By turning your attention to the other’s experience, love happens.
“How to love?” This ambitious question has been asked as far back in history as our collective beating hearts began. The experience of love, of course, defies description and is so profound that our greatest philosophers and spiritual traditions often regard it as the ultimate truth of life itself.
On a practical level, however, recent decades of research in human bonding, neuroscience, and the study of living systems have revealed common behaviors that we practice when we experience love in our daily lives. This includes love with our partner, our children, or even within ourselves. As Dr. Sue Johnson, psychologist and developer of one of the most proven methods of couples therapy, Emotionally Focused Therapy, has asserted, we now can study, learn, and teach how to love.
This amazing and hopeful development means that we can choose to bring this experience of love into our lives by learning and practicing the moves. Dr. Johnson compares this to learning the steps of a dance; she uses “the tango” as a metaphor for loving interaction.
This post is the first in a series of “love maps” that I’ve gleaned from my mentors, the masters in this field. What I write is verified by my own life experience in relationship, and my ongoing practice. I don’t expect you to adopt a map just because a research team has observed it; instead, my fondest hope is that you test these offerings against your own daily experience with those in your life.
“Turning toward” as an act of love…
These maps of loving behavior share one starting point, put into a simple two-word phrase by Dr. John Gottman, considered by many to be the preeminent relationship researcher of our day: “turning toward.” This refers to the act of turning the focus of our attention toward our partner’s experience. (By the way, this “partner” could be a spouse, a friend, a child, or even your own inner feelings, thoughts, or sensations.)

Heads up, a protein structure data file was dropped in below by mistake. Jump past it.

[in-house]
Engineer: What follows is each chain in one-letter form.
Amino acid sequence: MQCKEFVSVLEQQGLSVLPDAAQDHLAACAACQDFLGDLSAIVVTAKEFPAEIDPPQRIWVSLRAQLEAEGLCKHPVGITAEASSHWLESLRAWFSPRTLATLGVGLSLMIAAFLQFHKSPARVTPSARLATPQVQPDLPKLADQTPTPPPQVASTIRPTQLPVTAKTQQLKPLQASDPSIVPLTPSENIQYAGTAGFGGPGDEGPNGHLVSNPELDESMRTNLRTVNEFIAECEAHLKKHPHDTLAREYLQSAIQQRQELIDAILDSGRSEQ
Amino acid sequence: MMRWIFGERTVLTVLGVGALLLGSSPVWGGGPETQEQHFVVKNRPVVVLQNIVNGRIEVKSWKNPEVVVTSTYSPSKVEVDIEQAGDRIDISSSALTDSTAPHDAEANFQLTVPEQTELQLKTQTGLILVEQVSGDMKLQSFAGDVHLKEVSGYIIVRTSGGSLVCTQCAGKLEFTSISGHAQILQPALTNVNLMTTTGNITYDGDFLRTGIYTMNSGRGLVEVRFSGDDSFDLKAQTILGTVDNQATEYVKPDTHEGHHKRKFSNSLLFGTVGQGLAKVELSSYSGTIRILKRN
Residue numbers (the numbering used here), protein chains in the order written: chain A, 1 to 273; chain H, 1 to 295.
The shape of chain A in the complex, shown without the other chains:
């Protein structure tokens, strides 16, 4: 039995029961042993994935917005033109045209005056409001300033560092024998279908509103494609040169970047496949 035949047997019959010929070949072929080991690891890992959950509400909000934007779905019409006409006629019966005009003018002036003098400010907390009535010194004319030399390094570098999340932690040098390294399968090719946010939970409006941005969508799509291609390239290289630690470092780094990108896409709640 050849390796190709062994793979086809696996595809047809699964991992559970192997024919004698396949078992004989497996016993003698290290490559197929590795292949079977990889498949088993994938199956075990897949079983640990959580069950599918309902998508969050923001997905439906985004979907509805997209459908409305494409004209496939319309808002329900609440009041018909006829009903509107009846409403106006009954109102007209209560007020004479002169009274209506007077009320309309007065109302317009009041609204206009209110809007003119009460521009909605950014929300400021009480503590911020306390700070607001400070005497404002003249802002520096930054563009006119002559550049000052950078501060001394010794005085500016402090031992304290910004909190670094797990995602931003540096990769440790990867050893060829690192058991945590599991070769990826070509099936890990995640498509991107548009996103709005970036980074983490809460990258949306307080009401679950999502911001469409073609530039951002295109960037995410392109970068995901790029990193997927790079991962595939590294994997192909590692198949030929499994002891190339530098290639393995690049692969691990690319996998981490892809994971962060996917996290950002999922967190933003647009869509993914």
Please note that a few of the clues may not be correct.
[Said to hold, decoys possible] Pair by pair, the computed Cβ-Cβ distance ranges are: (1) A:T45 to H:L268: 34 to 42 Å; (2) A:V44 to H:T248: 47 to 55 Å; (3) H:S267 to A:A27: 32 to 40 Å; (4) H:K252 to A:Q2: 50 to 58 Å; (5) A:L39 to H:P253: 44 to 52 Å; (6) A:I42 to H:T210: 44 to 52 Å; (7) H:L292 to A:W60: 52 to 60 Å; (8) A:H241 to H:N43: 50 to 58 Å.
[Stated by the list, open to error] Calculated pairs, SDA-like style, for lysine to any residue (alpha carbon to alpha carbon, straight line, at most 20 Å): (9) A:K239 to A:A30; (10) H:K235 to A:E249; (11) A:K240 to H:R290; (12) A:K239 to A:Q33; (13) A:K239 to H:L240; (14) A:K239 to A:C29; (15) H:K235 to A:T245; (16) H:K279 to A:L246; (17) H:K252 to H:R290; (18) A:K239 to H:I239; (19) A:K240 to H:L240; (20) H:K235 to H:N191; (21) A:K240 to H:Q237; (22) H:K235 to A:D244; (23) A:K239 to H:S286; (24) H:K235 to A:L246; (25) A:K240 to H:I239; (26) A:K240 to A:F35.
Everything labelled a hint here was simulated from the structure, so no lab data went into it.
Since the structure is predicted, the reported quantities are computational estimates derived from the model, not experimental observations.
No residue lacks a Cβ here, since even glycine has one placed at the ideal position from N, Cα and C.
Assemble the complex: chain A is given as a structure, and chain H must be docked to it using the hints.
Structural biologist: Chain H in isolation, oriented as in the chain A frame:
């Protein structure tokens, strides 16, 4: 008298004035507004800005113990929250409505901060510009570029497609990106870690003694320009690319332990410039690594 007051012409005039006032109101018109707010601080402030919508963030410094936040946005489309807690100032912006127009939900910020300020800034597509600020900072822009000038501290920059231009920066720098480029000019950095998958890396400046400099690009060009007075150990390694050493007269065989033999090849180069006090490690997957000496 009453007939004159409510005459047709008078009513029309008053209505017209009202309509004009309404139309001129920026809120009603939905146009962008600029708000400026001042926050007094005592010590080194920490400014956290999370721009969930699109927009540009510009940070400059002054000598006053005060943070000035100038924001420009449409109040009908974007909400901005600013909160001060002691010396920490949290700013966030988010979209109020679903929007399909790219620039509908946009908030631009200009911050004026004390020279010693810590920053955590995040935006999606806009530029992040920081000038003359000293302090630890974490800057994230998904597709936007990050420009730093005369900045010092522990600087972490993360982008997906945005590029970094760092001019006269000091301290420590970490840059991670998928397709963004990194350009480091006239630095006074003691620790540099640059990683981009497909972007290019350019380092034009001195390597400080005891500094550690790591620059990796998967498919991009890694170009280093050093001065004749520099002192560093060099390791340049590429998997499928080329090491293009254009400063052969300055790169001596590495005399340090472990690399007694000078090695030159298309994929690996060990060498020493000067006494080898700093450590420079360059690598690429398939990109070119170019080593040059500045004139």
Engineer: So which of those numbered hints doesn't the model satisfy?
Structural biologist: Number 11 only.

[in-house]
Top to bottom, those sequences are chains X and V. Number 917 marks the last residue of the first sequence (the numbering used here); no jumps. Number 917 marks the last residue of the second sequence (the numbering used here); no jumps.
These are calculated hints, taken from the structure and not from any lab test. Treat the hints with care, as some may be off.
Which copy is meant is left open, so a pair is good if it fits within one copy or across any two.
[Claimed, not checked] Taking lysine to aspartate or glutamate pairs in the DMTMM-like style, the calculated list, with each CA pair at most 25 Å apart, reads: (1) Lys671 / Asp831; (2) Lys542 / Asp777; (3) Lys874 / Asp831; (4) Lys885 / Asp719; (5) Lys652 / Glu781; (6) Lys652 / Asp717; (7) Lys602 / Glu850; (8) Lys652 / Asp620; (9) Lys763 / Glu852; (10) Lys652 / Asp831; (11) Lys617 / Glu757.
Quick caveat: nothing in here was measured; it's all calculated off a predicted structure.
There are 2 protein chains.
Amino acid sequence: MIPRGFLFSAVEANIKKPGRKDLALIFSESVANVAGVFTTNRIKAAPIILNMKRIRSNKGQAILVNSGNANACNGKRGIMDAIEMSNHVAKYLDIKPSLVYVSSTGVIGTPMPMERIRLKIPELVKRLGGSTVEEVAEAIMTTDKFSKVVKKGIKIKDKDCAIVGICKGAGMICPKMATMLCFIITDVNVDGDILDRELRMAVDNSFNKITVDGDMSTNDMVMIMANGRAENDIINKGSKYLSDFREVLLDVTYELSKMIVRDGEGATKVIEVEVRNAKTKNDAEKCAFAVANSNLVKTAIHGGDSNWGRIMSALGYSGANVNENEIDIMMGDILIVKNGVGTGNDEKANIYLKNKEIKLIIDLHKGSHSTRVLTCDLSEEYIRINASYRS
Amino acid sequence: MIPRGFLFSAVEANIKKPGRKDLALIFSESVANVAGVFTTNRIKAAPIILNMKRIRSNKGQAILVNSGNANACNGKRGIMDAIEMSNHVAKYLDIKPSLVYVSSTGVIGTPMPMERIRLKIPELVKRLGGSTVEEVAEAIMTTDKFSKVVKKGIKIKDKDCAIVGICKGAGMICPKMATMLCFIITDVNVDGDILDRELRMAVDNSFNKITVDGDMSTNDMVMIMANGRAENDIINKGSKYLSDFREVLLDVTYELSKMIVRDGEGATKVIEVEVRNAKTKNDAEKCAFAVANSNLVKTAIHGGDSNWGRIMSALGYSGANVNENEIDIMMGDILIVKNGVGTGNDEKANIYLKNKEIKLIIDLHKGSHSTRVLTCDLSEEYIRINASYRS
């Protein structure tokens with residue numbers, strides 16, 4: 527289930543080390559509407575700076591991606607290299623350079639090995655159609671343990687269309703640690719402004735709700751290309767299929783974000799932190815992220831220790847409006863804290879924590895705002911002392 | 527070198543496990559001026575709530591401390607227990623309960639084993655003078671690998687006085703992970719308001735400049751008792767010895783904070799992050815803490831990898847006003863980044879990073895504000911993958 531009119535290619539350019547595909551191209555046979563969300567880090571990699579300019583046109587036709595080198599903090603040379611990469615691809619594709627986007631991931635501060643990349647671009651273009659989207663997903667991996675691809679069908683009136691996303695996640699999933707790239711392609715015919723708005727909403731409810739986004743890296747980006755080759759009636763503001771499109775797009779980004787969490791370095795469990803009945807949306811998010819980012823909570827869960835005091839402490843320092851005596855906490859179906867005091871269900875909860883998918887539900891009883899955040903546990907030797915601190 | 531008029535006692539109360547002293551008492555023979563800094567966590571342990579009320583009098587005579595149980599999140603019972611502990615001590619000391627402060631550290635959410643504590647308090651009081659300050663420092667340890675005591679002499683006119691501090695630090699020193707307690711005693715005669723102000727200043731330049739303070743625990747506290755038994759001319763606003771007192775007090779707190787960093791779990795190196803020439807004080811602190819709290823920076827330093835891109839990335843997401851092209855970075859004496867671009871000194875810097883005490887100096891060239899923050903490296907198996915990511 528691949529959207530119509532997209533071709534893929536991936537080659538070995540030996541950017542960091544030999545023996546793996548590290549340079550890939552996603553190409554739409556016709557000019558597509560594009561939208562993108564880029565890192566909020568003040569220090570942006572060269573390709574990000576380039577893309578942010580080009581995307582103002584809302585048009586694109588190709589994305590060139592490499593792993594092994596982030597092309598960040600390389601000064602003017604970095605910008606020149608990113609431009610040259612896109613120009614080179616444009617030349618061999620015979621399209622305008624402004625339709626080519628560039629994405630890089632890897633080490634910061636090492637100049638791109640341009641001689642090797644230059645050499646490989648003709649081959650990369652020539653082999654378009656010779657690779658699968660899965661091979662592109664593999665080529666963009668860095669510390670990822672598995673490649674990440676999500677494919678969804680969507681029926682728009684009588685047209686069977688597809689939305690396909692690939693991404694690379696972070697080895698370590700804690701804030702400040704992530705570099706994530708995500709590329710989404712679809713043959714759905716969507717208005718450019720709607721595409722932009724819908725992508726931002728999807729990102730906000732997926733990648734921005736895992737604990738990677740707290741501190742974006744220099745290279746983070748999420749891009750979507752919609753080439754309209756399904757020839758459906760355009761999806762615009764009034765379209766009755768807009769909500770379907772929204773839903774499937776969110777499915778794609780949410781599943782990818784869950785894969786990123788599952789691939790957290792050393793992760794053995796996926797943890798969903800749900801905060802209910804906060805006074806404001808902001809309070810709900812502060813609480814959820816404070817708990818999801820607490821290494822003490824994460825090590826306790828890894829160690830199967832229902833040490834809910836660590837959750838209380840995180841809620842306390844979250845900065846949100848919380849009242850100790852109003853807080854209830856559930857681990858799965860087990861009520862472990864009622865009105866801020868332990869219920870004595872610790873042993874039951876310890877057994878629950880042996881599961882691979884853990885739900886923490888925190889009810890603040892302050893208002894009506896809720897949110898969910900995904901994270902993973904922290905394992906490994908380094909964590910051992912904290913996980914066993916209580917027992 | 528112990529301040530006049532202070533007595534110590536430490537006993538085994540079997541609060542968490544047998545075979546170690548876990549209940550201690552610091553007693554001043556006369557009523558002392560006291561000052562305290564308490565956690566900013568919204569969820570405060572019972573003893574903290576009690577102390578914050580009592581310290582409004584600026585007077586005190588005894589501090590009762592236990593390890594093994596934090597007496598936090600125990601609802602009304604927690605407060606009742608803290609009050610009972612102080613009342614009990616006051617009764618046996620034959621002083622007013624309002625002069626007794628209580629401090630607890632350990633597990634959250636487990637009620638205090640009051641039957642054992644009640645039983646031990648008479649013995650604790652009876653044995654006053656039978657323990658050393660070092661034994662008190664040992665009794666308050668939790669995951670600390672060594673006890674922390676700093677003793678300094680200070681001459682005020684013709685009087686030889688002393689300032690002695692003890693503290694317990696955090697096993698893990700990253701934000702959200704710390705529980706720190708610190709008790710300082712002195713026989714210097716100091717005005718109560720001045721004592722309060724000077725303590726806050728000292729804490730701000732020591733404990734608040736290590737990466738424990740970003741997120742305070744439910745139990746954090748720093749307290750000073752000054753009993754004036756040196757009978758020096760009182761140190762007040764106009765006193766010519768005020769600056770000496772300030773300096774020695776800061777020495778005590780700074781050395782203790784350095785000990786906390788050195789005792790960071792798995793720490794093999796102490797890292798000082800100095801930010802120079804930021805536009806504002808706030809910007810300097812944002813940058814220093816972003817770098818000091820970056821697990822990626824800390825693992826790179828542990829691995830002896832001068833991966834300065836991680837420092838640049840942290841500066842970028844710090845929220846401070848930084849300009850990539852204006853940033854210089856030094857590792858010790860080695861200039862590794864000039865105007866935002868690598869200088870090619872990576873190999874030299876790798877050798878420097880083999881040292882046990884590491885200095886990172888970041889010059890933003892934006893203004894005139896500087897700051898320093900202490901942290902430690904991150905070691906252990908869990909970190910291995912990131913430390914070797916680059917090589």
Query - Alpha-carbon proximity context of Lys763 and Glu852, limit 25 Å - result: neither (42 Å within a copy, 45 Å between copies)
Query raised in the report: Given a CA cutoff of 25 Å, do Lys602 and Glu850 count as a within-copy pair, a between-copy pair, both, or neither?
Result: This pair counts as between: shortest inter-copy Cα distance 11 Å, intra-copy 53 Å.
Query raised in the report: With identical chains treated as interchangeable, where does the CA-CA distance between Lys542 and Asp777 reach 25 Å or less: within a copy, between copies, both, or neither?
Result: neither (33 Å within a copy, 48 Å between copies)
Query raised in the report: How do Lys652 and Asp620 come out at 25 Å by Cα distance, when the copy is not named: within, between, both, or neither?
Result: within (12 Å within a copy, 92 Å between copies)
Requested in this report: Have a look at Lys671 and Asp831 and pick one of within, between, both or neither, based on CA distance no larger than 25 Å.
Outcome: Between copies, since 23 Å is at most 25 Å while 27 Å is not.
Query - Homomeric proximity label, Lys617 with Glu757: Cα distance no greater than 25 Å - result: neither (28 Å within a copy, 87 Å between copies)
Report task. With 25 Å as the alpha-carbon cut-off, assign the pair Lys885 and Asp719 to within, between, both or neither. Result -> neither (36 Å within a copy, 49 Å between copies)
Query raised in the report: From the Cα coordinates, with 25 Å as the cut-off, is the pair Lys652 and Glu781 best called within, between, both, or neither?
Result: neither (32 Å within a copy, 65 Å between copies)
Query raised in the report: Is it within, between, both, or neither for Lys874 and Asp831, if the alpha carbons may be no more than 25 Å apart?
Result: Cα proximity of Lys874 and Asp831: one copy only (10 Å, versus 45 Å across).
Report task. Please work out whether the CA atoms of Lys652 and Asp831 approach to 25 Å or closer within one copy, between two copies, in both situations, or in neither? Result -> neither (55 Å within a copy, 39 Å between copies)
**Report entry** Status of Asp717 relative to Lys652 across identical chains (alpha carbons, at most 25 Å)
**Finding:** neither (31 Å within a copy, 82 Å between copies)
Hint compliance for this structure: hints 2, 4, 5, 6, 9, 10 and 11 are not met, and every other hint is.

“Turning toward” sounds simple but often wasn’t modeled in the families we grew up in, no matter how loving their intentions were. Imagine an 8-year-old who comes home from school and, looking unhappy, vigorously complains to a well-meaning parent about someone making fun of her in class. The parent says, “Don’t feel bad! Words can’t hurt you. Let’s have some ice cream!” In an effort to help the child, the parent has inadvertently turned away from his child’s experience.
This response is both problematic and painful. At such times in my own childhood, for example, I would feel a knot in my stomach (our bodies know when something needs attention) and believe I was supposed to feel happy and forget about it. But I couldn’t really forget. There was nothing I could do but think of something else, and by covering up my feelings, I was left with a vague sense of fear, shame, and even anger, which I thought meant that I was bad and wrong. This can be the unfortunate result when someone we care about, parent or otherwise, turns away from our experience.
So, what might “turning toward” look like in this example? Mom or Dad could say, “Ouch, that sounds hurtful! No wonder you look sad. Come here and tell me about it. I wouldn’t like that, either.” No longer alone in her pain, and knowing her feelings are of interest while receiving time and a place to have her experience, the child gets to release her feelings and let them run their course. Then she’ll be ready to get some support in needed skills or problem solving.
In the safe and caring presence of a parent who models turning toward by turning their attention to the experience of the young person, love happens. Problem solving is helpful, but only after the parent connects by turning toward; timing and sequence are key in this realm of loving behavior.
The need for our emotions to be seen and accepted by a caring other starts in infancy and remains a deep need throughout our lives. This is true with our significant other, parents, and even ourselves in relationship to how we attend to self-care. We naturally adopt it—if it was modeled for us. If it wasn’t, then how, except by learning it later, could we know to do this if we never saw it before?
Finally, thanks to the research, all this is possible for us now. This is learnable and can grow in us, as our behaviors are constantly training our nervous systems, even on a cellular level. Neuroscience calls this “neuroplasticity.” And it can all start with “turning toward” our beloved. From this humble beginning we can discover how to love.
In the next article in this series I’ll describe specific things we can do to practice “turning toward.” For now, congratulations! You’ve just taken a huge next step toward a life of love.
Robert Gardner, MFT
As a licensed MFT, teacher, and lifelong student of loving relationship, Robert is devoted to supporting your relationship and its safe development. He offers a balance of attention, welcoming, and empathy along with reflective feedback, skills education, in-session experiential process, and homework. Robert’s work as a therapist is informed and inspired by four decades of daily Buddhist study and practice.